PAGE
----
Marner, Matthews, Tkachuk and their love triangle offence

Auston Matthews and Mitch Marner each have tons of playing experience with Flames rookie, Matthew Tkachuk, and both expect him to be chirping, and getting under the Maple Leafs’ skin.

TORONTO – How deep is their love?

Put it this way: One man asks Matthew Tkachuk Monday which Toronto Maple Leafs rookie he feels closer with, Mitch Marner or Auston Matthews, and the Calgary Flames’ freshman can’t pick between besties. Or, at least, he’s smart enough not to hurt one friend’s feelings on national television.

“That’s a tough question. I’m pretty good buddies with each,” Tkachuk said.

Having served as a wingman for the two Leafs he’s joined in the Calder Trophy hunt, it was natural for Tkachuk to speak with Marner on the phone and hang out at Matthews’ apartment last night, in advance of Monday’s game.

“Probably Mitch is a little louder. They’re both fun guys to be around, both good buddies I’ve had. It’s fun seeing them again. Great memories.”

Three 19-year-olds linked by a shared passion, an identical pursuit, and a Snapchat feed full of memorable on-ice moments. Since the Flames’ NHL-ready sixth-overall pick returned from a cut hand on Nov. 15, Matthews (26), Marner (25) and Tkachuk (24) rank one, two and three in rookie scoring (thanks, in part, perhaps, to Patrik Laine’s concussion).

Born in Scottsdale but groomed in St. Louis, Tkachuk first faced off against Matthews in peewee. The future No. 1 pick was representing the Arizona Bobcats at the time.

“Their whole team was terrible except for him,” Tkachuck said.

Their bond would form years later, through the U.S. National Development Team Program, and would strengthen through success.

“When we were trying out for our U.S. team, nobody heard of him,” Tkachuk recalled. “He came out of nowhere and had about 15 goals in that tryout camp.”

Since sharing an under-18 gold medal with their country, Matthews and Tkachuk have remained close.

“We had a slogan with USA: Champions walk together forever. I still keep contact with all those guys,” Tkachuk said. “What we had was special.”

He reminisced about a USHL game in Wisconsin.

“We were up by three or four goals at the end of the game and everybody’s packed it in on the bench. Auston picks it up behind the net and goes through every single player on their team and our team and scores,” Tkachuk said.

“Guarantee you, he has that video on his phone. I remember him sending it to me a bunch of times back then to show how good he was.”

Tkachuk and Marner’s friendship also stems from success, as they lifted the Memorial Cup together as London Knights last spring. They’ve maintained a group chat with linemate and Coyotes prospect Christian Dvorak all season, just “to shoot the crap about stuff,” Marner says.

Describing Tkachuk, Marner uses phrases like sneaky, in your face and under your skin. How his former teammate approached a blowout over the Mississauga Steelheads stands out, in particular.

“We were up 6-something and he was still getting in people’s faces and drawing penalties. I think he drew a five-minute penalty, then next shift he drew another two minutes. That’s the kind of guy he is,” Marner said.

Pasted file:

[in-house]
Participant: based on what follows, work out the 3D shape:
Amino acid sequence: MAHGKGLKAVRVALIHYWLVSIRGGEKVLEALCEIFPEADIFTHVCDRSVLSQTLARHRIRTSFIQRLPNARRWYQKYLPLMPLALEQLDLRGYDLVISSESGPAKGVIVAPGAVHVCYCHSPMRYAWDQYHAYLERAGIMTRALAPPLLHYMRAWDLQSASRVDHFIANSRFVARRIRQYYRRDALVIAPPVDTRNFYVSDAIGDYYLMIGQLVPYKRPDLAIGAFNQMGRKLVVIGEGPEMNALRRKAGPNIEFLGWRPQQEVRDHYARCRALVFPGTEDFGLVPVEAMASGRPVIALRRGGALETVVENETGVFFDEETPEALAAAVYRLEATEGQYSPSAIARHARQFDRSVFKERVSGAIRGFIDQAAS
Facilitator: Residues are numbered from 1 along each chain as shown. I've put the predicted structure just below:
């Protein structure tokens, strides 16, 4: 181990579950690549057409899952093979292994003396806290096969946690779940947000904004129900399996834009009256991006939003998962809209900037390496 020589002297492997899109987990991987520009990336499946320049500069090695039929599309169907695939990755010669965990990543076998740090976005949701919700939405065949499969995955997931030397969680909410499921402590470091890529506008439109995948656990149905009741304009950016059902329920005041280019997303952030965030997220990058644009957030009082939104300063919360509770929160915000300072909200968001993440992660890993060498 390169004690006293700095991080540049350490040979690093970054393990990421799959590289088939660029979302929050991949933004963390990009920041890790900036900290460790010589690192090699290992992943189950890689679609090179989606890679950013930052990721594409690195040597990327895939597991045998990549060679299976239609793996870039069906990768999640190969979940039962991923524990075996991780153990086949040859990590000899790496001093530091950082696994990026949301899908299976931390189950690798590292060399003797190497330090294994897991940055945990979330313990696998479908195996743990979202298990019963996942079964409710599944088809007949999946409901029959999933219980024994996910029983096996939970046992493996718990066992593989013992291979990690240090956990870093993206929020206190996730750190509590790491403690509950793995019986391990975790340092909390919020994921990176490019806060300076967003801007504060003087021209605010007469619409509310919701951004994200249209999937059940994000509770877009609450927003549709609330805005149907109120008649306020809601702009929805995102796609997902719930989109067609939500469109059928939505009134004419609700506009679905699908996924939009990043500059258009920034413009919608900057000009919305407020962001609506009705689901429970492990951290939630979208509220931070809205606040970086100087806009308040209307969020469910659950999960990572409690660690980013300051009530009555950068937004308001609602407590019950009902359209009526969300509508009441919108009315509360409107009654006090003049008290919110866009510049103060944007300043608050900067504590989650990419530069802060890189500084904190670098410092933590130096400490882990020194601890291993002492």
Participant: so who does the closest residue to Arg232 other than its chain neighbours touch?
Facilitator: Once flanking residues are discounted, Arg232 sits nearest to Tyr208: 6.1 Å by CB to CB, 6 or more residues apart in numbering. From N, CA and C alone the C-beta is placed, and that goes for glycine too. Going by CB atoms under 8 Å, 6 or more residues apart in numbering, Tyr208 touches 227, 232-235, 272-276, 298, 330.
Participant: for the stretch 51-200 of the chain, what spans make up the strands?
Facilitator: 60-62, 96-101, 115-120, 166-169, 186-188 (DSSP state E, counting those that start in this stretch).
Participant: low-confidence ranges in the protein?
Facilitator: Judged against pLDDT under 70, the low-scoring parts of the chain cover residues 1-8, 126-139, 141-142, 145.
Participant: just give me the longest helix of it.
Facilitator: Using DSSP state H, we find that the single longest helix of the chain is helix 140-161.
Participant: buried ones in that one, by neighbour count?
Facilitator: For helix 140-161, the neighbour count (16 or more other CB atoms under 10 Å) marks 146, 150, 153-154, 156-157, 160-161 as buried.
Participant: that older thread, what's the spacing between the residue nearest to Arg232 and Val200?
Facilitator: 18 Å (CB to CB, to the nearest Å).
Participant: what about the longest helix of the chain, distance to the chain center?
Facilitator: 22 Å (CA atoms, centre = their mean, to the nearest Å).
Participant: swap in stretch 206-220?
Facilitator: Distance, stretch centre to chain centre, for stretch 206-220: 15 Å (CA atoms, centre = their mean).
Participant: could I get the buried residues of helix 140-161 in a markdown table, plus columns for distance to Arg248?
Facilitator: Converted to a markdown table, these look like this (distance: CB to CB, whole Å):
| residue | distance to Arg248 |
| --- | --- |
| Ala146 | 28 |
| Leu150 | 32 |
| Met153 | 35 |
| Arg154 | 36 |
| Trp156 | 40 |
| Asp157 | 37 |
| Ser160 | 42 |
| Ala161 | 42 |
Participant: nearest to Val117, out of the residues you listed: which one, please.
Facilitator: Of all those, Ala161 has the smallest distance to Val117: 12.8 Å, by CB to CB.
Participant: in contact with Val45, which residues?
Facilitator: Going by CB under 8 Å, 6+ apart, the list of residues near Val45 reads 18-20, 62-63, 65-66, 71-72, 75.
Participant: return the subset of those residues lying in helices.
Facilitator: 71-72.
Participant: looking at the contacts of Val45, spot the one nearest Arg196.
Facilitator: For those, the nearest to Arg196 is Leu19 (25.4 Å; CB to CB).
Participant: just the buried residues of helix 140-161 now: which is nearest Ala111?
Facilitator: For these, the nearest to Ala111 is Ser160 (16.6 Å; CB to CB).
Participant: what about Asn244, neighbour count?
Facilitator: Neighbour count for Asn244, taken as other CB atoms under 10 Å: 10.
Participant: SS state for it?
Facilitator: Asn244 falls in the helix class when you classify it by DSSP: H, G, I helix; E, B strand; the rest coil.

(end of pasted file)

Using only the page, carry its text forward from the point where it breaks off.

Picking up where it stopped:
“People just don’t like the feeling of him always around them. That’s what he’s good at.”

Tkachuk has a Marner story, too.

“We had a line brawl against Sarnia,” Tkachuk said, with a smirk on his face. “The ref had their biggest defenceman, and Mitch is obviously not as big as the refs. I remember him jumping up and punching over top of the refs. I thought that was funny. It’s on YouTube.”


Matthews describes Tkachuk as a laid-back cracker of jokes, but one who flips to dead serious at puck drop and morphs into “one of the smartest hockey players I’ve ever played with.”

One of the most annoying, too. In addition to chirping, Tkachuck commits as many penalties as he draws; his 90 PIMs are far and away the Flames’ most.

That doesn’t shock Matthews.

“He always led the national team in penalty minutes, and I think he led his team in London. He’s not afraid to stand up for himself either,” Matthews said. “You definitely gotta watch out for him.”

Like the time Tkachuk snatched San Jose star Brent Burns’ stick mid-game and took it to the Flames bench. “It’s almost like stealing a guy’s girlfriend,” Flames coach Glen Gulutzan compared. Tkachuk, Matthews reveals, then asked Burns post-game if he could keep it for real (but no luck).

Matthews on the Burns’ incident: “That’s the type of stuff he likes to do.”

Marner on the stick-theft: “That’s the kind of guy he is. Maybe not steal it into a bench, but I’ve seen him steal sticks out of guys’ hands a couple times last year.”

Prior to 2016-17 — the year of the Canadian team rookie — Marner and Matthews didn’t have a shared history. Tkachuk served as their Kevin Bacon, their one degree of separation. Now that Tkachuk’s mutual friends are wearing matching fedoras and singing the same Bon Jovi anthems, the buddy love triangle is complete.

“They’re both going through the same thing, both rookies on their team, both high-end players who had a lot of pressure on them coming up, and they’re in a similar spotlight in Toronto,” Tkachuk said.

“If they weren’t friends, something would be wrong.”

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